Skip to comments.The Moochers and Looters in France Are Running Out of Victims
Posted on 06/29/2013 5:04:53 AM PDT by SeekAndFind
The late, great Margaret Thatcher famously said that “Socialist governments…always run out of other people’s money”. And “I love the smell of napalm in the morning” is an iconic line from Apocalypse Now.
Thinking about the fiscal mess in Europe, I’m going to combine these two sentiments and state that, “I love it when statists run out of victims and start cannibalizing each other.”
And that’s about to happen in France.
The burden of government spending is enormous, with the public sector consuming 57 percent of economic output.
That’s more than either Greece or Sweden!
If something isn’t done, France will suffer a Greek-style crisis as investors lose trust in the government’s ability to pay its bills.
The situation is so bad that even the country’s Socialist President claims that he plans to cut spending, but he faces a revolt in his own party from those who refuse to recognize reality. Here are some excerpts from a column in the UK-based Telegraph.
President Francois Hollande has already angered much of his own Socialist base with plans to cut spending next year in absolute terms for the first time since 1958, but this may be just start of the battle. The Cour des Comptes said France is not even “halfway” through its fiscal squeeze. …”France is drifting away. Like a receeding wave, it is retreating little by little from the global economy, imperceptibly in the past, but visibly so today,” said Jean-Pierre Letartre, Ernst & Young’s chief in France. …The government has pencilled in economic contraction of 0.3pc this year, with a weak recovery starting in the second half, but a chorus of private economists fear far worse if there is any outside shock. “It could be as much as minus 1.5pc,” said Jean-Michel Six from Standard & Poor’s. …Mr Hollande has so far gone along with EU austerity demands, backing away from his pledge for a New Deal growth strategy in the elections last year. But his poll ratings have crashed at the fastest rate ever for a new president, and much of his own party is near revolt.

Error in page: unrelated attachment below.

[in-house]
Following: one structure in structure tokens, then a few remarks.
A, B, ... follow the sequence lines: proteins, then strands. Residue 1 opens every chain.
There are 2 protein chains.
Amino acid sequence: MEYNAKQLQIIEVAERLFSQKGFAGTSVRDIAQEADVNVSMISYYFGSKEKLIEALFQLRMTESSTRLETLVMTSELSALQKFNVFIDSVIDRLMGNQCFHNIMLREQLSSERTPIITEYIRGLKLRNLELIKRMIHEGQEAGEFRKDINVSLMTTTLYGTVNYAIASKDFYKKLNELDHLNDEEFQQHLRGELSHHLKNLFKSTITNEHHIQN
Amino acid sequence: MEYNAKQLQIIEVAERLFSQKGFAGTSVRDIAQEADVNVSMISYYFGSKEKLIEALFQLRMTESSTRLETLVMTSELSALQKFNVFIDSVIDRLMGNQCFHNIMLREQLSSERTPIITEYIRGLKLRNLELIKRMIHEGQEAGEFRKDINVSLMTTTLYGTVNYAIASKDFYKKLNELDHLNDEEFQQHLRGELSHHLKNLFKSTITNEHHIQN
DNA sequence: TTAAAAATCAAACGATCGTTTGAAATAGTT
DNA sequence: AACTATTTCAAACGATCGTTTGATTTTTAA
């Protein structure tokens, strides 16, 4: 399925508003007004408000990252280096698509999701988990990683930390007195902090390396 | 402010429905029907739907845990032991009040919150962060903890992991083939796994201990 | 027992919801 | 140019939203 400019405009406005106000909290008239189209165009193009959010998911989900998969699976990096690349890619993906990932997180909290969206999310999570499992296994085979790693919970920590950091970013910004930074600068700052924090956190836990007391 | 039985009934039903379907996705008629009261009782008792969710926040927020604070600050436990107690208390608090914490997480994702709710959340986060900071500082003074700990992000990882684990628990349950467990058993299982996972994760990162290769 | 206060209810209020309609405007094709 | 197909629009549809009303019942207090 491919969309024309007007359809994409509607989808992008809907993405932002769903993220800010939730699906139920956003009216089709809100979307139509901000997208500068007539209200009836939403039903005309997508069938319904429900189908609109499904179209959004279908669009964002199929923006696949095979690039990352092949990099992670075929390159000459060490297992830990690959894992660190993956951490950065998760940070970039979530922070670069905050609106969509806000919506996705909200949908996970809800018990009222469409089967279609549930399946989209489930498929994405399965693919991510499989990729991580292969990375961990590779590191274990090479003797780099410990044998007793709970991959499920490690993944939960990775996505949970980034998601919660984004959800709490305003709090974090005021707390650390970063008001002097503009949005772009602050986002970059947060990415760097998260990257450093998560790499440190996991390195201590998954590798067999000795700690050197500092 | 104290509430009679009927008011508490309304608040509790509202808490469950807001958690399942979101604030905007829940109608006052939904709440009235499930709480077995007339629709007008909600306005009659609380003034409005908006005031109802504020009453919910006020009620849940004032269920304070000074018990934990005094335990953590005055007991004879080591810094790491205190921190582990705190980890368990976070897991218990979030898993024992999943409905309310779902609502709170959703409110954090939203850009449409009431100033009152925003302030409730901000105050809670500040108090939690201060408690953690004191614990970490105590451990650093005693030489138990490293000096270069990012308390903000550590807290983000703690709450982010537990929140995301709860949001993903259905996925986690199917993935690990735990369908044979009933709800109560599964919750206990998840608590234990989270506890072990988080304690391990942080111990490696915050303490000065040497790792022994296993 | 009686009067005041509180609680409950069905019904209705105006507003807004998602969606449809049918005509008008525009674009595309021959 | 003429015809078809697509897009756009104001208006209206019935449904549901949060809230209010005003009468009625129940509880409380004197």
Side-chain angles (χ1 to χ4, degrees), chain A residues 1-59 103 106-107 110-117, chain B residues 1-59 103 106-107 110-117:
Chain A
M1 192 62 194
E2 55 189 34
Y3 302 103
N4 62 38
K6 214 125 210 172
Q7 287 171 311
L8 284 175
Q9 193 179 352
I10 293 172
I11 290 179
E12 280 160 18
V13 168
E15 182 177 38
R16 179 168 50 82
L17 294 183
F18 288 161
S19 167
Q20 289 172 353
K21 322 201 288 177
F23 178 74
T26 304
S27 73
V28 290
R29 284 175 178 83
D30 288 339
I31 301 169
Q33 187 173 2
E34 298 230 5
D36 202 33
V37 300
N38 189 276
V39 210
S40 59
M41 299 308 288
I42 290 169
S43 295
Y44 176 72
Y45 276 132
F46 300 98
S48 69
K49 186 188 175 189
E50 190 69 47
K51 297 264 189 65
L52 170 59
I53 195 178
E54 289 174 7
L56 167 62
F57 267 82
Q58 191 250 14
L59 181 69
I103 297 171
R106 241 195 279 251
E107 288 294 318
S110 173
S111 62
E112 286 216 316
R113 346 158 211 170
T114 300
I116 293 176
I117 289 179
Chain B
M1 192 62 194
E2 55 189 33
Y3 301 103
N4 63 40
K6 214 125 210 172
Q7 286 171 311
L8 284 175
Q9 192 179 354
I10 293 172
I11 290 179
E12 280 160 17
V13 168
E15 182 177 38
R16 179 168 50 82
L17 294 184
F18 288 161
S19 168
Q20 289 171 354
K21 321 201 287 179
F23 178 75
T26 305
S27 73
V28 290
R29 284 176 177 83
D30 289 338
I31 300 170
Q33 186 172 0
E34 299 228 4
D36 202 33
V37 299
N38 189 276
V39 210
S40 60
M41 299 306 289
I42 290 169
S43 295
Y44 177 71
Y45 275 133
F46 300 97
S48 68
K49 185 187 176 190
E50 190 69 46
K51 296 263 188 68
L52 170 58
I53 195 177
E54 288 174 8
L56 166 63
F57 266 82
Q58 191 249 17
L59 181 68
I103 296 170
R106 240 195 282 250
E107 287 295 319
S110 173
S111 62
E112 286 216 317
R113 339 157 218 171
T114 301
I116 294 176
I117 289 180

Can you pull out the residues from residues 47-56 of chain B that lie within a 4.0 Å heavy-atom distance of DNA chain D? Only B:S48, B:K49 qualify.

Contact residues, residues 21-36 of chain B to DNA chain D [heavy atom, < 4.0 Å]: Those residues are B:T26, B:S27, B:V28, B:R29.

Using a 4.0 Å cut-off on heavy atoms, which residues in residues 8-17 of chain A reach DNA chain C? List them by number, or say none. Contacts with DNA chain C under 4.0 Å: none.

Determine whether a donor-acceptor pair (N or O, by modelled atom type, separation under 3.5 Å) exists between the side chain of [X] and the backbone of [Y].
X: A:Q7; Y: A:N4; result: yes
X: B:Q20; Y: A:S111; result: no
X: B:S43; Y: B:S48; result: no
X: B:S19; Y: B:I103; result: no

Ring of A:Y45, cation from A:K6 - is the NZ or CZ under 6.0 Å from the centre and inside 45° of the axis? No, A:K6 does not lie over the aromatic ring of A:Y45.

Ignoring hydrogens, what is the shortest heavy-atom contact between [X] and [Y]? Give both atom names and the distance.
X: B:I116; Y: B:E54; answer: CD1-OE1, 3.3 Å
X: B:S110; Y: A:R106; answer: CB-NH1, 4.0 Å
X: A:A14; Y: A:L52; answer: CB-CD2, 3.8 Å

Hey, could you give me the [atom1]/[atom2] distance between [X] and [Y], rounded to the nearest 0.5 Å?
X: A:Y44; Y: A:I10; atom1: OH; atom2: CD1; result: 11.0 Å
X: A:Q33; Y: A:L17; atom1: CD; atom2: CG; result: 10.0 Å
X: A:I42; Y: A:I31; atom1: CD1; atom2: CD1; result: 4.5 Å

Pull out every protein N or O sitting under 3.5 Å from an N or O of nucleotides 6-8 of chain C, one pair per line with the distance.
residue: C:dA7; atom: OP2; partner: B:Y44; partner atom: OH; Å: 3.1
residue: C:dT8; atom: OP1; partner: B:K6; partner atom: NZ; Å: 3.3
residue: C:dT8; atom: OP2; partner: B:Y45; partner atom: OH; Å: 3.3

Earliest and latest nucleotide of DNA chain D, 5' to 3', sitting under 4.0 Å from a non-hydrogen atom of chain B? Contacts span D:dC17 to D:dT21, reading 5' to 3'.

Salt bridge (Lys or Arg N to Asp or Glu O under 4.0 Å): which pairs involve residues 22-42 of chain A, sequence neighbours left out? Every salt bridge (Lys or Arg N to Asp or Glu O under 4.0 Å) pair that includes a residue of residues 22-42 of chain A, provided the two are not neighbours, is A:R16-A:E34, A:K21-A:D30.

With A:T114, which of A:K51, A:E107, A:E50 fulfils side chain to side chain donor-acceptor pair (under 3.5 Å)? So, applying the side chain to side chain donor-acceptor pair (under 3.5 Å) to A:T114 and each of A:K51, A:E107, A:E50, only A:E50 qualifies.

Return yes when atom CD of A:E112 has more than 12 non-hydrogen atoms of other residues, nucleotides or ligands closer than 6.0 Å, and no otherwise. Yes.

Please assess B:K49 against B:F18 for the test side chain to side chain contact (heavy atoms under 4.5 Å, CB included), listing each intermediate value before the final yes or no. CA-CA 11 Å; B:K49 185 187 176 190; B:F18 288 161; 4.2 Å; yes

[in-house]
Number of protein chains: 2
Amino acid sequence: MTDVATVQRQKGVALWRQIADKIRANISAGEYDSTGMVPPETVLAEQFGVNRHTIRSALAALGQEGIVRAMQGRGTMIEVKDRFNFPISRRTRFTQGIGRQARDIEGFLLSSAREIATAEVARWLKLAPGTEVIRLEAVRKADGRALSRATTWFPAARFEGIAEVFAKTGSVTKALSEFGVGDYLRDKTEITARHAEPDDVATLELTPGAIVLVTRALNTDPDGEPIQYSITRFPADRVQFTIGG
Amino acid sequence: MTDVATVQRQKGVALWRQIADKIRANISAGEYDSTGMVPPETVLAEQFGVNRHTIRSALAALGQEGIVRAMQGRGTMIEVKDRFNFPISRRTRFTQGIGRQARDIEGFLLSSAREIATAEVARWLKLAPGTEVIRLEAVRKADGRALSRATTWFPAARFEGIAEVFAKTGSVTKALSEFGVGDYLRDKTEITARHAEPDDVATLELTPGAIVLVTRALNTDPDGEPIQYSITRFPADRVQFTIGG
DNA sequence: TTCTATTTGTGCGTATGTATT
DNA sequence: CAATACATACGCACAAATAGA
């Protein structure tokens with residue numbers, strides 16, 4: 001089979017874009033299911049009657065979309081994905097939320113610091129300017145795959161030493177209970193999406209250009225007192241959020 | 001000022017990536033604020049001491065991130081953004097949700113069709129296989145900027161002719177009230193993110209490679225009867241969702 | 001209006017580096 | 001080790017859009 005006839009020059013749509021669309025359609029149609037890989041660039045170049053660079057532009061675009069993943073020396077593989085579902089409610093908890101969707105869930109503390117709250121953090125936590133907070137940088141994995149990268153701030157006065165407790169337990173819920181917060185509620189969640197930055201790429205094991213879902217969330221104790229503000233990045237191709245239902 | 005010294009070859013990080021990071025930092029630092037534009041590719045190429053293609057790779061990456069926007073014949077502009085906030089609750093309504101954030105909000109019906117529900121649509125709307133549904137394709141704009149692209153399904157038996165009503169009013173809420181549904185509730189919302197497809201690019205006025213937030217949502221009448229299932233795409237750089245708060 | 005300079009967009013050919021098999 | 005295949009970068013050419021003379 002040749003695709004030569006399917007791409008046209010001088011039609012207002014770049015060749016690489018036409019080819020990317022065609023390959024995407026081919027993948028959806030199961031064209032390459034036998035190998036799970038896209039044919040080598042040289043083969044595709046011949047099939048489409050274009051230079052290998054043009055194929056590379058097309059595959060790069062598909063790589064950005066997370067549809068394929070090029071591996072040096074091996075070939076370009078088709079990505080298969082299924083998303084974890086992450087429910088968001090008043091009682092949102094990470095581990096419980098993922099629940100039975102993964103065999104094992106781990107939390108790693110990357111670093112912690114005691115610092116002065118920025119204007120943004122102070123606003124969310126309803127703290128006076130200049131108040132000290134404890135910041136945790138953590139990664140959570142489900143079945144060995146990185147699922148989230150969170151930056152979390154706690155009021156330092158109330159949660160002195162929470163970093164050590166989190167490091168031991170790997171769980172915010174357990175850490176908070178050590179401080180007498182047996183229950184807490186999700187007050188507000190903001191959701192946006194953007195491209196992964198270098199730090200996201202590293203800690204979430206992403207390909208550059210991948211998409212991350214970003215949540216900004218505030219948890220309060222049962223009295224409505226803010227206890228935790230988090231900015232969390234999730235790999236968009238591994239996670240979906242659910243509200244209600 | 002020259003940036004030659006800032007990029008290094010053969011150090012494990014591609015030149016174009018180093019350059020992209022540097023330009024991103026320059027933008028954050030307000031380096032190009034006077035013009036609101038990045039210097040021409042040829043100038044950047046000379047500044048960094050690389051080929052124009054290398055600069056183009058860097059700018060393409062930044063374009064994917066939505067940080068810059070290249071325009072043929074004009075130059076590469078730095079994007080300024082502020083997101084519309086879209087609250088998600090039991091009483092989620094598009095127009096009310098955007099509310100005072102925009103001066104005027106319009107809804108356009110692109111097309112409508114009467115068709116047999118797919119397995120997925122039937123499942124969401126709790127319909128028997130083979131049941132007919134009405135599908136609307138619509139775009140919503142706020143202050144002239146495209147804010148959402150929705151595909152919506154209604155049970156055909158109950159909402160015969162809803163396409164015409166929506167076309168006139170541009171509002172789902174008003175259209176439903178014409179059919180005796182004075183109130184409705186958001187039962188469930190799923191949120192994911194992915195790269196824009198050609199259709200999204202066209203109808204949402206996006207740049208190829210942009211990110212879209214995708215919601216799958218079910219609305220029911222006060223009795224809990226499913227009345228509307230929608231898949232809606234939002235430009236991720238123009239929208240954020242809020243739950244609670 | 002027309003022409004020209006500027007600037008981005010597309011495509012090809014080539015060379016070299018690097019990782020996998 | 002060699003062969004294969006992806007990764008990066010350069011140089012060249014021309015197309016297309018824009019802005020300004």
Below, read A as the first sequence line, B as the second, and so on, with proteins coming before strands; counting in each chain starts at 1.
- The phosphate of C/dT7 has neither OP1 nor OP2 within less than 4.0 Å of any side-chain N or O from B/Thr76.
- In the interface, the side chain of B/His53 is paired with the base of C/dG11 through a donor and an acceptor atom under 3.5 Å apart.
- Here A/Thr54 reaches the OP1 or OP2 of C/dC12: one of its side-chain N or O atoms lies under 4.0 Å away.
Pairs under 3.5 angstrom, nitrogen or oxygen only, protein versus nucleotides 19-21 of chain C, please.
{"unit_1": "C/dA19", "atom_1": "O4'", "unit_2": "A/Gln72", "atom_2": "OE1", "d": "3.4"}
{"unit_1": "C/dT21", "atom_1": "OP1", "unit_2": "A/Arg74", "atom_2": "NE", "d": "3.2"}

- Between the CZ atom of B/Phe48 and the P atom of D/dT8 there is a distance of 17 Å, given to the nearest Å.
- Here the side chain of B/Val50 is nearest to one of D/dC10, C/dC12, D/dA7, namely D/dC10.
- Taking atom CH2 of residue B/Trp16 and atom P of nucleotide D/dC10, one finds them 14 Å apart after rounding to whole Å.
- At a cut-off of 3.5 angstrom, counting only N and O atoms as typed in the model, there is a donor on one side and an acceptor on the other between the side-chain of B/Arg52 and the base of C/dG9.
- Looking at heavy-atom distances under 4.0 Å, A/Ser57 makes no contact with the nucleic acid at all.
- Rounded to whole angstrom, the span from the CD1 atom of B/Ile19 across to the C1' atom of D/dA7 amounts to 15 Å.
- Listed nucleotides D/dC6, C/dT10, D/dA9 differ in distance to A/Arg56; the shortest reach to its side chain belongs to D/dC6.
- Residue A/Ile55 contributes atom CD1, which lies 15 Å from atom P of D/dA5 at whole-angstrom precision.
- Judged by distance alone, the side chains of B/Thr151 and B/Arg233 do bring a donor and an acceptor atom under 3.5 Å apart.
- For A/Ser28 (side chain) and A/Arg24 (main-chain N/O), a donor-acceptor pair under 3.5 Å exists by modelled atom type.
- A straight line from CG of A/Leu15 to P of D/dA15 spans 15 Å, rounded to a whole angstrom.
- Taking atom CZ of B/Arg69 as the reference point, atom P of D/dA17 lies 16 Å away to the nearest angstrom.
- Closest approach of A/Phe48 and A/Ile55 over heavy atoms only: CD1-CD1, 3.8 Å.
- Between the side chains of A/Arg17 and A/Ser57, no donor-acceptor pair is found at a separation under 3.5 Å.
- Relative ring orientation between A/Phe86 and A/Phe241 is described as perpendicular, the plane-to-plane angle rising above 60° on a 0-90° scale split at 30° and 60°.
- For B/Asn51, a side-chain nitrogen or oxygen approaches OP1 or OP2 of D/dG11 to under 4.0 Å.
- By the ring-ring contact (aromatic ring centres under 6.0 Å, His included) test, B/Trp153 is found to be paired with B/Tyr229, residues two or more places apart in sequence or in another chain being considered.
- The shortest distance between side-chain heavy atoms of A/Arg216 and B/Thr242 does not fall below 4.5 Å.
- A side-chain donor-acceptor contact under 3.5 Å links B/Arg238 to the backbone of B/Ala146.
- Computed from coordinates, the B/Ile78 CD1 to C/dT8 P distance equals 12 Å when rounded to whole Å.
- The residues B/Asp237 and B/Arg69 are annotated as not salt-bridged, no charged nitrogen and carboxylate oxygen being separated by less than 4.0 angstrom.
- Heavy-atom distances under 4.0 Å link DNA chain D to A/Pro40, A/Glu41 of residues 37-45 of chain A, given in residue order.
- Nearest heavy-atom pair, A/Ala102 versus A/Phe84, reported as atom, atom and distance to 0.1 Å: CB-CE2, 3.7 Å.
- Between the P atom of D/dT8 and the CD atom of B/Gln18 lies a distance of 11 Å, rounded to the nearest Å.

I’ll be surprised if France actually follows through with genuine spending cuts, but you can see from this chart that the time for fiscal restraint is long overdue.
To be somewhat optimistic, it’s worth noting that governments will do the right thing when there’s no other alternative.
Greece, for instance, has cut spending three years in a row, bringing the budget down from 124 billion euro in 2009 to 106 billion euro last year. Unfortunately, there have also been big tax hikes, and the overall level of spending is still about where it was in 2007, so Greece is far from a role model. But at least theera of ever-rising outlays has ended.
I realize this will be the understatement of the year, but France is not going to be the new Estonia.
But the good news is that they don’t have any room to raise taxes. Successful people already are leaving the country because of punitive tax rates, and I suspect even President Hollande privately understands that France is on the wrong side of the Laffer Curve.